Chatterley Luxuries and Pen Time are Authorized Retailers of Conway Stewart Pens and Accessories.
Since 1905 Conway Stewart has been renowned over the world for creating luxury pens.
Each Conway Stewart is made in England at the workshop by hand, using traditional techniques, combining timeless designs with British craftsmanship and only the highest quality materials, including hallmarked solid 18ct gold and sterling silver.
Conway Stewart pens have graced the finest hands. Distinguished users include Her Majesty Queen Elizabeth II, US Presidents, British Prime Ministers and many Heads of State.
In 1905, Mr. Frank Jarvis and Mr. Thomas Garner formed Conway Stewart at 13 Paternoster Row London EC1, next to St Paul’s Cathedral in London. Today, this area is known as Paternoster Square having been redeveloped after its complete destruction during the Blitz of World War II.
Jarvis and Garner had a single aim, to produce elegant, timelessly beautiful, yet functional writing instruments – a principle that Conway Stewart holds true to this day.
Although there is much debate regarding the origins of the Company’s name, it is believed that the name “Conway Stewart” derives from a popular vaudeville act of the day. Conway and Stewart were supposedly a comedy double act who appeared at Collins Music Hall in Islington.
From 1905 the Company became one of the era’s leading purveyors of fountain pens in England and upgraded its facilities numerous times to meet expanding demand. Becoming a limited liability Company in 1909 and moving to 31/32 Shoe Lane London in 1919 and to 75/82 Shoe Lane in 1923, where it occupied six floors and employed over 500 people. In 1935 Conway Stewart listed its shares on the London Stock Exchange, raising further capital for expansion and development.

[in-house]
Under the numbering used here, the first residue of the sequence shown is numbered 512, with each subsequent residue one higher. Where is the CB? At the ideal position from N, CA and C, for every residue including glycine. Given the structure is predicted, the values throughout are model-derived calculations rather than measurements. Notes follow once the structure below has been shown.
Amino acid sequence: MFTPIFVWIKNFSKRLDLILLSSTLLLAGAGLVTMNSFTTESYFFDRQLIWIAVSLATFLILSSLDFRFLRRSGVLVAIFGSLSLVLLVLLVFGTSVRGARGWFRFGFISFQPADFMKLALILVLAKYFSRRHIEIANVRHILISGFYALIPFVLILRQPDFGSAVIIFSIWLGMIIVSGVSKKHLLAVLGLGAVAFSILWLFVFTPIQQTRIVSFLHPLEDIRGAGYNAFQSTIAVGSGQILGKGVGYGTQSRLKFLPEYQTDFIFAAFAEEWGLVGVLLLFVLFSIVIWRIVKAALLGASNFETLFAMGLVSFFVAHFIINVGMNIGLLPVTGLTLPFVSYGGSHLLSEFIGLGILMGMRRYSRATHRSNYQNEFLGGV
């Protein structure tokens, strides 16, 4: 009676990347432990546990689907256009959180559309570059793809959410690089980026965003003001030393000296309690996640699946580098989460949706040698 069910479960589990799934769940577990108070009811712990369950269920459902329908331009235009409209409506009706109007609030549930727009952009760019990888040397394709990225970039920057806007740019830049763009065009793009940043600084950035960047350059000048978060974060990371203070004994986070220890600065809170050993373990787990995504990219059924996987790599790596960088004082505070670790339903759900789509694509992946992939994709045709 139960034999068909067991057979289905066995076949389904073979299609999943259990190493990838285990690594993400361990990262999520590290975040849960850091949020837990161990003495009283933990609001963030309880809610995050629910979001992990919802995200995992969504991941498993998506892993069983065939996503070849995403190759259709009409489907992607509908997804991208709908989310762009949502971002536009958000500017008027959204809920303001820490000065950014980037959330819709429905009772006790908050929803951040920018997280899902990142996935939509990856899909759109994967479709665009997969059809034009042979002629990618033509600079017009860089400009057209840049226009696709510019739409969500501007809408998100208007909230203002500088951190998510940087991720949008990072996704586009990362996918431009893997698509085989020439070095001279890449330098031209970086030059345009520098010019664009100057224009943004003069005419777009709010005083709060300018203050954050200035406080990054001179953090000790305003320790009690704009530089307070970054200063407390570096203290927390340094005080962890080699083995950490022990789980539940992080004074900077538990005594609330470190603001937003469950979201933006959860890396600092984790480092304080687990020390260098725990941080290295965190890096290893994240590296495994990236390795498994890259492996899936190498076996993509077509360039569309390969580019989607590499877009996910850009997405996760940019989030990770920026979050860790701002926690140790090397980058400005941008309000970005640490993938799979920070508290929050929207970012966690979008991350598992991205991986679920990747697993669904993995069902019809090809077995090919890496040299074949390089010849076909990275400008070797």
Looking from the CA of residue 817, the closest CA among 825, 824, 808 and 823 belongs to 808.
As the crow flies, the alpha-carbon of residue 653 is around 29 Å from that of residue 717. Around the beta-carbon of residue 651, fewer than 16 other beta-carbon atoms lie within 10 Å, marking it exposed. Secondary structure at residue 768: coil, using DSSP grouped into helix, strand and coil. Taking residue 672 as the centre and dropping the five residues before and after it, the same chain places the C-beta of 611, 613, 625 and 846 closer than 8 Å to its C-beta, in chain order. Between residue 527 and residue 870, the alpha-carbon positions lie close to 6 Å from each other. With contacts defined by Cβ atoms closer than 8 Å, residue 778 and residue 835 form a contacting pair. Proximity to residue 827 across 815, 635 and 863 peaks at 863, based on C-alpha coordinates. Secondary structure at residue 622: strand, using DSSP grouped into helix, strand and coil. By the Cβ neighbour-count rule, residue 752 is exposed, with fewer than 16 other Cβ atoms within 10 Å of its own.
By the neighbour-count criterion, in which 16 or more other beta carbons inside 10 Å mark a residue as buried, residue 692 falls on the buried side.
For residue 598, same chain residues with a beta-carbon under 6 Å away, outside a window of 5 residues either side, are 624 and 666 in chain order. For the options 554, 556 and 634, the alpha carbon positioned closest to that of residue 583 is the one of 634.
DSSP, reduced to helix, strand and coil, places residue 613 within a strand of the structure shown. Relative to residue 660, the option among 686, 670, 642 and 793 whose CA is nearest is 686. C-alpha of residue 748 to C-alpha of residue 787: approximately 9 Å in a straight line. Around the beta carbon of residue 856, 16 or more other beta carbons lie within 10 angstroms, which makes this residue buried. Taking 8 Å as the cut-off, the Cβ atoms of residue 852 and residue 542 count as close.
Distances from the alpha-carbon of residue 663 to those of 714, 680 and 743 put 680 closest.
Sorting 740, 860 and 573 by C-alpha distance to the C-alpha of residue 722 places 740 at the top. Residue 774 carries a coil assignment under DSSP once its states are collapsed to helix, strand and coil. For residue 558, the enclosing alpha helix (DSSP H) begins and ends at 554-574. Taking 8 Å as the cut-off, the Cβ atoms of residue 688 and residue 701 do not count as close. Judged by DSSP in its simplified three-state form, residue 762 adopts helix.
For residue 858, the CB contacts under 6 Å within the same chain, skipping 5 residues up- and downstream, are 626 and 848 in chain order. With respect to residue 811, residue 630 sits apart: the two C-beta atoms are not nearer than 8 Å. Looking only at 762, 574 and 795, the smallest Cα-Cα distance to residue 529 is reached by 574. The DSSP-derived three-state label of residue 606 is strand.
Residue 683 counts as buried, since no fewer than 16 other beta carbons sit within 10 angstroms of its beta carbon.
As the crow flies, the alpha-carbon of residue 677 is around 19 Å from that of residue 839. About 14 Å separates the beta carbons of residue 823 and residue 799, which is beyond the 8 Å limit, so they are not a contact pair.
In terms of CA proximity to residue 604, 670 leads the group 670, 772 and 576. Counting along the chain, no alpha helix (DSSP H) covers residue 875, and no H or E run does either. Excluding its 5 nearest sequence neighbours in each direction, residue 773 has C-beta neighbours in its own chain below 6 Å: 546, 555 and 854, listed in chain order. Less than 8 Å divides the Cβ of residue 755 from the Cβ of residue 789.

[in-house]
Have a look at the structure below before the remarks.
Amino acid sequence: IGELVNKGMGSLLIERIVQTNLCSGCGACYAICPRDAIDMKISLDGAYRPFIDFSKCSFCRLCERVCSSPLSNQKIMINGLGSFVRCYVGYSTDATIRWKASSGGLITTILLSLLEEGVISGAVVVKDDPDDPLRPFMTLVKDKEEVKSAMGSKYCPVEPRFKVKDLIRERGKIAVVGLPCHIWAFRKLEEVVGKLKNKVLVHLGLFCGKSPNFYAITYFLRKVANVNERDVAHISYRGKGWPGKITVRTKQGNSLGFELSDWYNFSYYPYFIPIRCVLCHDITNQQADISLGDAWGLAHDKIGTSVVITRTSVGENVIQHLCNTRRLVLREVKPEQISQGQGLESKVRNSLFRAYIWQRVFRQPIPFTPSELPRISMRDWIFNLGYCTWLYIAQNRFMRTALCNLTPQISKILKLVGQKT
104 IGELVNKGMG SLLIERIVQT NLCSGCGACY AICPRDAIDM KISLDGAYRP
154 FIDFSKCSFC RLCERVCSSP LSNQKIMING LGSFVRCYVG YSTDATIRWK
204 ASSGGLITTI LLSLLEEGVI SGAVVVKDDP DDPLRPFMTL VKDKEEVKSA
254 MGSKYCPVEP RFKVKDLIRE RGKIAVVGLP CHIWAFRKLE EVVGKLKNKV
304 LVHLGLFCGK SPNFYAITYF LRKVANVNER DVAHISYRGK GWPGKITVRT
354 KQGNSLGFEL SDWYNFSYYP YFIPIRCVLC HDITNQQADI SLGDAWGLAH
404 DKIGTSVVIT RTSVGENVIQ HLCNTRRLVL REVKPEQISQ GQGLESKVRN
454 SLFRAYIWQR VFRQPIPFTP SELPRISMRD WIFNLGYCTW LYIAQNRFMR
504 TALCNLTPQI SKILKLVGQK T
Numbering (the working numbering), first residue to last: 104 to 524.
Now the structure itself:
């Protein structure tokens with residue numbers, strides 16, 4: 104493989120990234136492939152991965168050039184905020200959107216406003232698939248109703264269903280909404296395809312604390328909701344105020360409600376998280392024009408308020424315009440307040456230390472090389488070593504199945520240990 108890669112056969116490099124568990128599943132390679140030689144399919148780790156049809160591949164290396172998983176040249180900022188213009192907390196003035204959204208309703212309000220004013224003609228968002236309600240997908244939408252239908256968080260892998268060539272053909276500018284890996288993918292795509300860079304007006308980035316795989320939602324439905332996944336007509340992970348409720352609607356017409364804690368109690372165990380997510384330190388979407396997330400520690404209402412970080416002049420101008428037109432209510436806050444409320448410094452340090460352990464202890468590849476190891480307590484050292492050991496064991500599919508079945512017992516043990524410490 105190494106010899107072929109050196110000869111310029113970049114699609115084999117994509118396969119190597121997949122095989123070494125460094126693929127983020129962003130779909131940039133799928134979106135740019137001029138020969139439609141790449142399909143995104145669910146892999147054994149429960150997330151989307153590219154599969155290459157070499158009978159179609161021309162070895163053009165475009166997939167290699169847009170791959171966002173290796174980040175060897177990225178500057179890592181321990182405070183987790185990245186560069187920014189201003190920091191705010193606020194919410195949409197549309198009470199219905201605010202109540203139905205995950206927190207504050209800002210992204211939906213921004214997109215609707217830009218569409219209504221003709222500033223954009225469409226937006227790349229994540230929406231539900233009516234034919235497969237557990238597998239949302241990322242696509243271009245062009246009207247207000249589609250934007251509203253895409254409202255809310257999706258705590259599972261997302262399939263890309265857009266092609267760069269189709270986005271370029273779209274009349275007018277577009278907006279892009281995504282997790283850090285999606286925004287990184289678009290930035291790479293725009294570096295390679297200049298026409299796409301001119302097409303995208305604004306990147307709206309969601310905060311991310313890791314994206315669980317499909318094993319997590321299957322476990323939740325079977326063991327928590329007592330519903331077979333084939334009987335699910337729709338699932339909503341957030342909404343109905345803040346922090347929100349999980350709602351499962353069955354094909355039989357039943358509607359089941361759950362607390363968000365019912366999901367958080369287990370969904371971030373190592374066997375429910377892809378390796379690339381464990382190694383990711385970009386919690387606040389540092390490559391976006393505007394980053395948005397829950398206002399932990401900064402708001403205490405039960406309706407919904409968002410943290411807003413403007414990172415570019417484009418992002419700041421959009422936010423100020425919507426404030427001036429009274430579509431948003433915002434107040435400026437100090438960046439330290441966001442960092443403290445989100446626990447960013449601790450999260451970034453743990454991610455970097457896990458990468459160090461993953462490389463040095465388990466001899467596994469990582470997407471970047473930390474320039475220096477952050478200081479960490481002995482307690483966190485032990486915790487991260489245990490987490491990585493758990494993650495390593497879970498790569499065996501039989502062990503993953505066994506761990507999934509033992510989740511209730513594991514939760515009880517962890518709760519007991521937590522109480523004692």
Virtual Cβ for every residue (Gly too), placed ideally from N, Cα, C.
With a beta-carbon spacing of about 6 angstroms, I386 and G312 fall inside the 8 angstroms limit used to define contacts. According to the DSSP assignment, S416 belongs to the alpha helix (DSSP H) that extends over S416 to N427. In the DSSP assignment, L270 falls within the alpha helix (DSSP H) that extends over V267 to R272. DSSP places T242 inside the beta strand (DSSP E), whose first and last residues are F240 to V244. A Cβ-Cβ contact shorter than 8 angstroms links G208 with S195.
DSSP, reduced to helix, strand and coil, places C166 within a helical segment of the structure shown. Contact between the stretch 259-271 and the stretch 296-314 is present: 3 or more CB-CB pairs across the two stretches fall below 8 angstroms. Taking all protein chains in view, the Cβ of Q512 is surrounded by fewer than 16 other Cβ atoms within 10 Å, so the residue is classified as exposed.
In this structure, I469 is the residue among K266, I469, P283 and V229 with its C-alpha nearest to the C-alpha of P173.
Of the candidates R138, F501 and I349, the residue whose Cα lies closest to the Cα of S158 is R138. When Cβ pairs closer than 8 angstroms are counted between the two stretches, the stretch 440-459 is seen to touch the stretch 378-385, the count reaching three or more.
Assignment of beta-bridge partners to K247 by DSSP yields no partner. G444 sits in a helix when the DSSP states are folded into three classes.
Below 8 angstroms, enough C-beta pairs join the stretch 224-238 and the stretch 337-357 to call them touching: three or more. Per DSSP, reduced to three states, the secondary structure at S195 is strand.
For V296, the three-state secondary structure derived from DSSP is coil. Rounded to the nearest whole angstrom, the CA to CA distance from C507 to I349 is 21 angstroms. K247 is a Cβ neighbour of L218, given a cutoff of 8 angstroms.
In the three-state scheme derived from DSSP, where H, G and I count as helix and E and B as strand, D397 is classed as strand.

Conway Stewart pens have been associated with many of the most famous moments of 20th Century British history. During the huge growth in letter writing during the First World War (1914 – 1918) the pens played a significant part in those cherished letters that passed between soldiers at the front and loved ones at home. Conway Stewart pens were also used throughout World War II (1939 -1945) by British Prime Minister Winston Churchill. Indeed, although the factory was bombed and slightly damaged during the Blitz and a significant portion of the factory converted to munitions manufacture, pens were still produced throughout this period in a limited range. We remained under ration control until the late 1940’s. In 1951 they moved the factory to Mile End London (36/44 Copperfield Road) and the modern post war era of Conway Stewart started.